College freshman Katie Kotmeyer was at a petting zoo when she learned some disturbing news – all the sweet bunnies she petted will be butchered at the end of the season. I decided to bring one home.
‘I said, ‘I’ll take one of your hands,’ said Kottmeyer. ‘I snuck it into my dorm room.’
This rabbit—which Kottmeyer named Elvis Presley—was the beginning of her mission to find homes for cuddly people in need of lagomorphs and to educate potential caregivers in all things rabbit care.
“The summer I came back from college, I dumped two rabbits in a neighborhood. Then I became a bunny, so people kept calling and texting me.” “I was confused, so I decided to create a small group and make it official.”
In 2020, Kottmeyer officially founded Dolly’s Dream Home Rabbit Rescue, a non-profit organization dedicated to the promotion and adoption of rabbits. She now has three other rescue bunnies in addition to Elvis – Bunny Holly, Kenny Rogers, and Dolly Parton – the last of which is named after the organization.
Dolly’s Dream Home uses an adoption-based system, which means that rescued rabbits are looked after by generous foster families until they find permanent homes. This allows the organization to get to know each rabbit to ensure they are placed with the ideal adopters. Although Kottmeyer lives in St. Charles, Dolly’s Dream Home is adopted throughout St. Louis.
Marty Holzhueter of Kirkwood discovered the organization on Facebook after her children expressed interest in adopting a rabbit.
I said, ‘Rabbites require a lot of work, you guys. How about getting to an incubator and deciding whether we actually want to adopt one or not? “It was a good experience for the kids to realize that you can’t throw food into a bowl,” Holziuter said. There is more than that. “
Holziuter and her children have raised three pairs of rabbits so far, and they plan to host more after their summer travels. While it can be hard to say goodbye to their furry friends, Holzheuter loves knowing that rabbits go to good homes. It also encourages prospective rabbit owners to try adoption first to see if rabbits are suitable.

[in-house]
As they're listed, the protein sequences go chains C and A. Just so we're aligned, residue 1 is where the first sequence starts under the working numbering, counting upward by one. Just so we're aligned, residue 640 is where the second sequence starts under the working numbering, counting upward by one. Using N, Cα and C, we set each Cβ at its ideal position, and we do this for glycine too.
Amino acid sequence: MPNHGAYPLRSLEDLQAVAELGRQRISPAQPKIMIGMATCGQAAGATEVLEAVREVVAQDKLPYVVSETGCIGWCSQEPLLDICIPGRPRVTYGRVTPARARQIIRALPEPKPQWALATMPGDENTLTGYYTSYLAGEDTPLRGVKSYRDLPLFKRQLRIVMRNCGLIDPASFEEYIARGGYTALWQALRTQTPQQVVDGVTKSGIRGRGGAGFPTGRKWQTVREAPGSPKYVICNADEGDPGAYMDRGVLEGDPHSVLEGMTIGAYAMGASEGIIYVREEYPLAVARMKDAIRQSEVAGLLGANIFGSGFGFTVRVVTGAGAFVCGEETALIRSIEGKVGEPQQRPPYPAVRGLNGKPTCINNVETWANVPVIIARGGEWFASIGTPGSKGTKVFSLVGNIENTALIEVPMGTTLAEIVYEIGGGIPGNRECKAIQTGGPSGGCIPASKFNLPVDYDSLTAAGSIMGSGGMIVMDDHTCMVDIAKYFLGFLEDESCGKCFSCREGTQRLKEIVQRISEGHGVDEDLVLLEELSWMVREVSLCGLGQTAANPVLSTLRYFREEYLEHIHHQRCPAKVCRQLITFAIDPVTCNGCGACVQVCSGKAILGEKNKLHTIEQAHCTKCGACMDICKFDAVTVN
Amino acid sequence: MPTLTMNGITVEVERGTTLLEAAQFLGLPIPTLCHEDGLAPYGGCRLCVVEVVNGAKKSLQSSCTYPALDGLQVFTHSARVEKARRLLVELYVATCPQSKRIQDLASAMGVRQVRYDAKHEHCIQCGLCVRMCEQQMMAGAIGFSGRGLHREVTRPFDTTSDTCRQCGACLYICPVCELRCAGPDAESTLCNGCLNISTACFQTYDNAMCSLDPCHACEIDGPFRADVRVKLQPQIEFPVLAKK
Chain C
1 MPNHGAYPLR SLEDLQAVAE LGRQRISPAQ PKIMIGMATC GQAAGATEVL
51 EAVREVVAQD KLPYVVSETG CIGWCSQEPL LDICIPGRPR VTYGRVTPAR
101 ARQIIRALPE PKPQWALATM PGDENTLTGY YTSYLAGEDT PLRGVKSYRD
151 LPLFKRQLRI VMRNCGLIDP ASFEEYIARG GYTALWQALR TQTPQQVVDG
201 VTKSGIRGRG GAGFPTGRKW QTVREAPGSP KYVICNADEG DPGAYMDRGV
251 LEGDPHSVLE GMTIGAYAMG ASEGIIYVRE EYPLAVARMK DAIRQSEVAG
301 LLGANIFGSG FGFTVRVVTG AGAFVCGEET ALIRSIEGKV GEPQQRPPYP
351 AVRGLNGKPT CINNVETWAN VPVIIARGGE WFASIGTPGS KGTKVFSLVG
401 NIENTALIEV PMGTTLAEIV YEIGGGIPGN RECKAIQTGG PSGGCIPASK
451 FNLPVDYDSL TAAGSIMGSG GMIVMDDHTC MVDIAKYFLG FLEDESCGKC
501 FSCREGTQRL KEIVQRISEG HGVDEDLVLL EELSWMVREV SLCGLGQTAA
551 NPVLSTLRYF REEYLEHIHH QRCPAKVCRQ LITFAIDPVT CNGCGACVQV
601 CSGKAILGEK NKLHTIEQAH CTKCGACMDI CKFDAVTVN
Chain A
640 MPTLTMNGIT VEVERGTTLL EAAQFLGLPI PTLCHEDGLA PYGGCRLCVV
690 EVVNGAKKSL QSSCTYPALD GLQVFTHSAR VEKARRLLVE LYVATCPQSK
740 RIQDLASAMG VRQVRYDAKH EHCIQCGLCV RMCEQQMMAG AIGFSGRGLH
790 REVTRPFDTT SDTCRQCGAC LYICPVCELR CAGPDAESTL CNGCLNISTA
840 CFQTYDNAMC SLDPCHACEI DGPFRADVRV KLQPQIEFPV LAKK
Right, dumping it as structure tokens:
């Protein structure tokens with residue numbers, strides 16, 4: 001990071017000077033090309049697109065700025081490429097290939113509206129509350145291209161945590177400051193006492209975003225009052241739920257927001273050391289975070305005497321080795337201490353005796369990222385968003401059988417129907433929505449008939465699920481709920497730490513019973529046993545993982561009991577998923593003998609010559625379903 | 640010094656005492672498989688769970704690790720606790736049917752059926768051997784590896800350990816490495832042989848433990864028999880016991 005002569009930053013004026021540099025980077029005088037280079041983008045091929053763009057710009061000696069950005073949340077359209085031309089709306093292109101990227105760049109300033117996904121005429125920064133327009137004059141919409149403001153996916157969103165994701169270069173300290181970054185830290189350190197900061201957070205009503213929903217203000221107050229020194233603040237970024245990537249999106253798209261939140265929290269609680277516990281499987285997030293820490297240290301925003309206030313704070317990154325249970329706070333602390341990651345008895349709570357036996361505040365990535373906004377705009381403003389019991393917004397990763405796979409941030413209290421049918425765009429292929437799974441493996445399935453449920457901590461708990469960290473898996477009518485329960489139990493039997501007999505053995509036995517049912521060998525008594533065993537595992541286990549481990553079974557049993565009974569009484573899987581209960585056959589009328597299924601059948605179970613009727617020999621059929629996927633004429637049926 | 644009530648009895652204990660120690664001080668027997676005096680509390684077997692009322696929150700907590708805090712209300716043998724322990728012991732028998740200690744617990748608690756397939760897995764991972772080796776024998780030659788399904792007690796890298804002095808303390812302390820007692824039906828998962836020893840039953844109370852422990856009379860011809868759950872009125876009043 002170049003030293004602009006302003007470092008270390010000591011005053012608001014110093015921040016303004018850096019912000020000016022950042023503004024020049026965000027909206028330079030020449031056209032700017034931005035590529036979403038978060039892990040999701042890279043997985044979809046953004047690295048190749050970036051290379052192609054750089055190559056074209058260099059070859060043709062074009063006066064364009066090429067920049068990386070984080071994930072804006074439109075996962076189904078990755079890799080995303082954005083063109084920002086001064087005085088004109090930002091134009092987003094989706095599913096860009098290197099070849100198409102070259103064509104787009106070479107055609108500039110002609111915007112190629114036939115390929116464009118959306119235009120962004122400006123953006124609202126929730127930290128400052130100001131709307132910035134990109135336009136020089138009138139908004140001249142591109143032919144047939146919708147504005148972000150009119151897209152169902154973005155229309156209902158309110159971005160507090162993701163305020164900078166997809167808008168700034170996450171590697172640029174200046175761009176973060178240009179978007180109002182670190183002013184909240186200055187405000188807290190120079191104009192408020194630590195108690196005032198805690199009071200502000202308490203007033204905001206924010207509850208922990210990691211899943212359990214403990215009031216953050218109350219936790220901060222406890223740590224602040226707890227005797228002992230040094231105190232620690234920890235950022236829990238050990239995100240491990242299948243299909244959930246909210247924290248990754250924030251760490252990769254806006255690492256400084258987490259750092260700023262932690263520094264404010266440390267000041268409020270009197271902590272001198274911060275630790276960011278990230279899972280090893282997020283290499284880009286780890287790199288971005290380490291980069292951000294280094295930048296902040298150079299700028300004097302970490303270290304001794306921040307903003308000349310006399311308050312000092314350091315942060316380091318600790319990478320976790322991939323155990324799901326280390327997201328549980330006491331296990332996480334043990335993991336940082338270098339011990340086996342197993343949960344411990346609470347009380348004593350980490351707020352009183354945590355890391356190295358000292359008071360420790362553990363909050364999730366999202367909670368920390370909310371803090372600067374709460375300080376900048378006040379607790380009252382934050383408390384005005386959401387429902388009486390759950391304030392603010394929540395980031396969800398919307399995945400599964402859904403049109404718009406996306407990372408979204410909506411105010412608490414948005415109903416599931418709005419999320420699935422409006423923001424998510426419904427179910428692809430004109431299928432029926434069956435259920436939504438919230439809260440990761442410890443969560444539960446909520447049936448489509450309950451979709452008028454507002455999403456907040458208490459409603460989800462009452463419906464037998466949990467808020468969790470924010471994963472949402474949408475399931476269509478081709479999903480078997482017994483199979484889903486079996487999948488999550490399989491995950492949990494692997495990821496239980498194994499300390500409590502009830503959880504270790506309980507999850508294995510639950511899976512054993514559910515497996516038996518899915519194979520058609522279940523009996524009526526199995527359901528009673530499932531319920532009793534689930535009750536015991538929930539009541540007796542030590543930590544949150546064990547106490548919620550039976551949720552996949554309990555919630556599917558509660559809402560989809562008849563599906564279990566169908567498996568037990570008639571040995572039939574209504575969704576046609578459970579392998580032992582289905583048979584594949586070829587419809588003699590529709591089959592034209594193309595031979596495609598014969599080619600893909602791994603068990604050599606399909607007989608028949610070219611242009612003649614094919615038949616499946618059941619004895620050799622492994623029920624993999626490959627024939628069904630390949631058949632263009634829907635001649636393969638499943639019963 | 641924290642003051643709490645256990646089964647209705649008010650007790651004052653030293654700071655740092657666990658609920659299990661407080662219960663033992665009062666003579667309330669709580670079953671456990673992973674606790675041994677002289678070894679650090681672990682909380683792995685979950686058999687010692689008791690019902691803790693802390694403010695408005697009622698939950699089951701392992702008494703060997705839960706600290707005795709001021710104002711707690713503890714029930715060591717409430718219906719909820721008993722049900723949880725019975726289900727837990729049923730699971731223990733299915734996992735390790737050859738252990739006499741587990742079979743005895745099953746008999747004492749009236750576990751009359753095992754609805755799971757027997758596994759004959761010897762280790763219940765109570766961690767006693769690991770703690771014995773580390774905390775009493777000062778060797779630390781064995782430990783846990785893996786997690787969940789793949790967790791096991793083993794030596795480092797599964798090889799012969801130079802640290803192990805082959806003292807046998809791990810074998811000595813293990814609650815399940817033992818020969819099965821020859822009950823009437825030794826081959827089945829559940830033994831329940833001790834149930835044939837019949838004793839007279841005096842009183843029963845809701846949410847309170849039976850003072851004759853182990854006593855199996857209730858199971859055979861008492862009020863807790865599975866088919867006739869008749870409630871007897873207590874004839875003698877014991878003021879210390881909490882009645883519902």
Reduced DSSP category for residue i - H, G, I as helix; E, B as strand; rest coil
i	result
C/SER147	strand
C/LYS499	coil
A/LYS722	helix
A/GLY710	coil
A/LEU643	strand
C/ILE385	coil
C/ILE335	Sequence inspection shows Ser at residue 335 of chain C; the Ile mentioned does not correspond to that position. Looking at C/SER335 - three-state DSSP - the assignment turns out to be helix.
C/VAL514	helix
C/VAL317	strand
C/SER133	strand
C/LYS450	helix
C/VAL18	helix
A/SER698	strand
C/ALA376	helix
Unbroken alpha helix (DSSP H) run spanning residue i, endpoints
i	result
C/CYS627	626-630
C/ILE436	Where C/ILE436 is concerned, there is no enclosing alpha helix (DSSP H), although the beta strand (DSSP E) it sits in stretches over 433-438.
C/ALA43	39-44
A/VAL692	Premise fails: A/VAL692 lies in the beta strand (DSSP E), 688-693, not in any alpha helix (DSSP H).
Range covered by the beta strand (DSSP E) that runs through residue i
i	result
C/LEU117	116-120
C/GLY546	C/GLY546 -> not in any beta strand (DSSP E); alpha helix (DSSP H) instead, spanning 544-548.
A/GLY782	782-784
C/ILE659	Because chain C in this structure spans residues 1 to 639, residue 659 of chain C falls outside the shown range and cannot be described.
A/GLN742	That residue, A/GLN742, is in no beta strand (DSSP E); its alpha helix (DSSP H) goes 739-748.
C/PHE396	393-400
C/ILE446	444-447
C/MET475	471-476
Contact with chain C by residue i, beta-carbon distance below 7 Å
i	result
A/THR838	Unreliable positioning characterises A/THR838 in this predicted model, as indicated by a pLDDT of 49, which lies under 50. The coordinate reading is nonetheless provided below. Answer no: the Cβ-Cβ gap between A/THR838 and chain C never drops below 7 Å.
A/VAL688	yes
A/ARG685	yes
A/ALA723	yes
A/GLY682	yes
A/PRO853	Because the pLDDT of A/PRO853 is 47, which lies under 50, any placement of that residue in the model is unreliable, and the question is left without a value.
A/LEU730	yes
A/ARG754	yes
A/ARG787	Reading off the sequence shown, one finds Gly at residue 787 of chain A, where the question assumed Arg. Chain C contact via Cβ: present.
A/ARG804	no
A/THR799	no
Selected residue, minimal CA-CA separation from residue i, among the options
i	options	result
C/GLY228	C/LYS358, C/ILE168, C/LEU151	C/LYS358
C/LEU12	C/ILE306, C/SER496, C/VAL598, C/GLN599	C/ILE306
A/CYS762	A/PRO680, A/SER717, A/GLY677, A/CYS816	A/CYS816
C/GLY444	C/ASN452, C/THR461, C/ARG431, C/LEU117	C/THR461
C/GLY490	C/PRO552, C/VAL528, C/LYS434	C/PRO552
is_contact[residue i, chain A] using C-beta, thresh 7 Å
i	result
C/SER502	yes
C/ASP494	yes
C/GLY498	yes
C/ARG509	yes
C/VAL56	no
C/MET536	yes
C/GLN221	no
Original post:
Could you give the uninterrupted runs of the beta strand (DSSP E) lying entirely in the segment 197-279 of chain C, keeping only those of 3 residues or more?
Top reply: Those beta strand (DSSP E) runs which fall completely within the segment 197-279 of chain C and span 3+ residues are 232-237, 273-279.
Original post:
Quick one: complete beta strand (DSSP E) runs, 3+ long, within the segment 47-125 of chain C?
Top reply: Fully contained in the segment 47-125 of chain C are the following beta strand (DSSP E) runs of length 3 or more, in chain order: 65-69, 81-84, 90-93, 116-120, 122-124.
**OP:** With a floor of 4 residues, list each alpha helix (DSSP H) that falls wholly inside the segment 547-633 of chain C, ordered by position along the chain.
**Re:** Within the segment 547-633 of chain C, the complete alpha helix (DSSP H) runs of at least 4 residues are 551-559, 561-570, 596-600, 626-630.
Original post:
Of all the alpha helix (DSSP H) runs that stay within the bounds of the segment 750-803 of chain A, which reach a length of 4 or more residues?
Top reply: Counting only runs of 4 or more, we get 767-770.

“It’s easier than a dog,” she said, “but it’s still a responsibility.” “Every rabbit is different. Some are active and some are more relaxed. Some will snuggle with other pets and some need to be the only pet. Adoption is a commitment because you don’t know how long it will last. But if you are a true animal lover, the It’s worth it.”
Kottmeyer found Dolly on Craigslist, where the bunny was listed as a six-month-old. When it came time to spay her, Kottmeyer learned that Dolly was actually a seven or eight-year-old broiler. Kottmeyer said Dolly’s Dream Home is named after her, because it represents the organization’s mission.
She was very aggressive. “I decided to keep it because it would have been euthanized elsewhere,” Cotmeyer said. “It’s very special – at least to me.”
According to Cotmeyer, rabbits are often abandoned due to unexpected behaviors when they reach their teens. Once sweet pets become hormonal and spray urine, grumble, bite, or rise up on their hind legs and ‘drop’ with their front legs. These behaviors can get worse when rabbits are caged and become territorial, she said.
“Rabbits need enough space to stretch their legs,” she said. “When we pull rabbits out of their cages, they have different levels of hind leg atrophy. They need to be given space, like cats or dogs.”
Since rabbits cannot regulate their own body temperature, Kottmeyer said, they should never be kept outside. If the owners can’t give them housekeeping, she recommends an indoor “puppy pen” with enough room for them to jump in.
To keep hormonal behaviors in check, Dolly’s Dream Home spays or neuters rabbits before adopting them. The herders also learned to train their rabbits to dispose of litter, which Kottmeyer says can be achieved in just a few days.
Prospective sponsors are required to participate in a comprehensive live zoom training session to ensure they are ready to welcome their new friends. And while the herders understand that their roles may be temporary, Cotmeyer said most of them — about 90% — end up adopting the rabbits they care about.
“It all depends on volunteers and we can’t keep the care here forever,” Kottmeyer said. “Rabbits are wonderful pets if you have the proper education. They live from eight to 12 years, know their names and can do tricks. Please reach out if you have any interest in fostering or adoption.”
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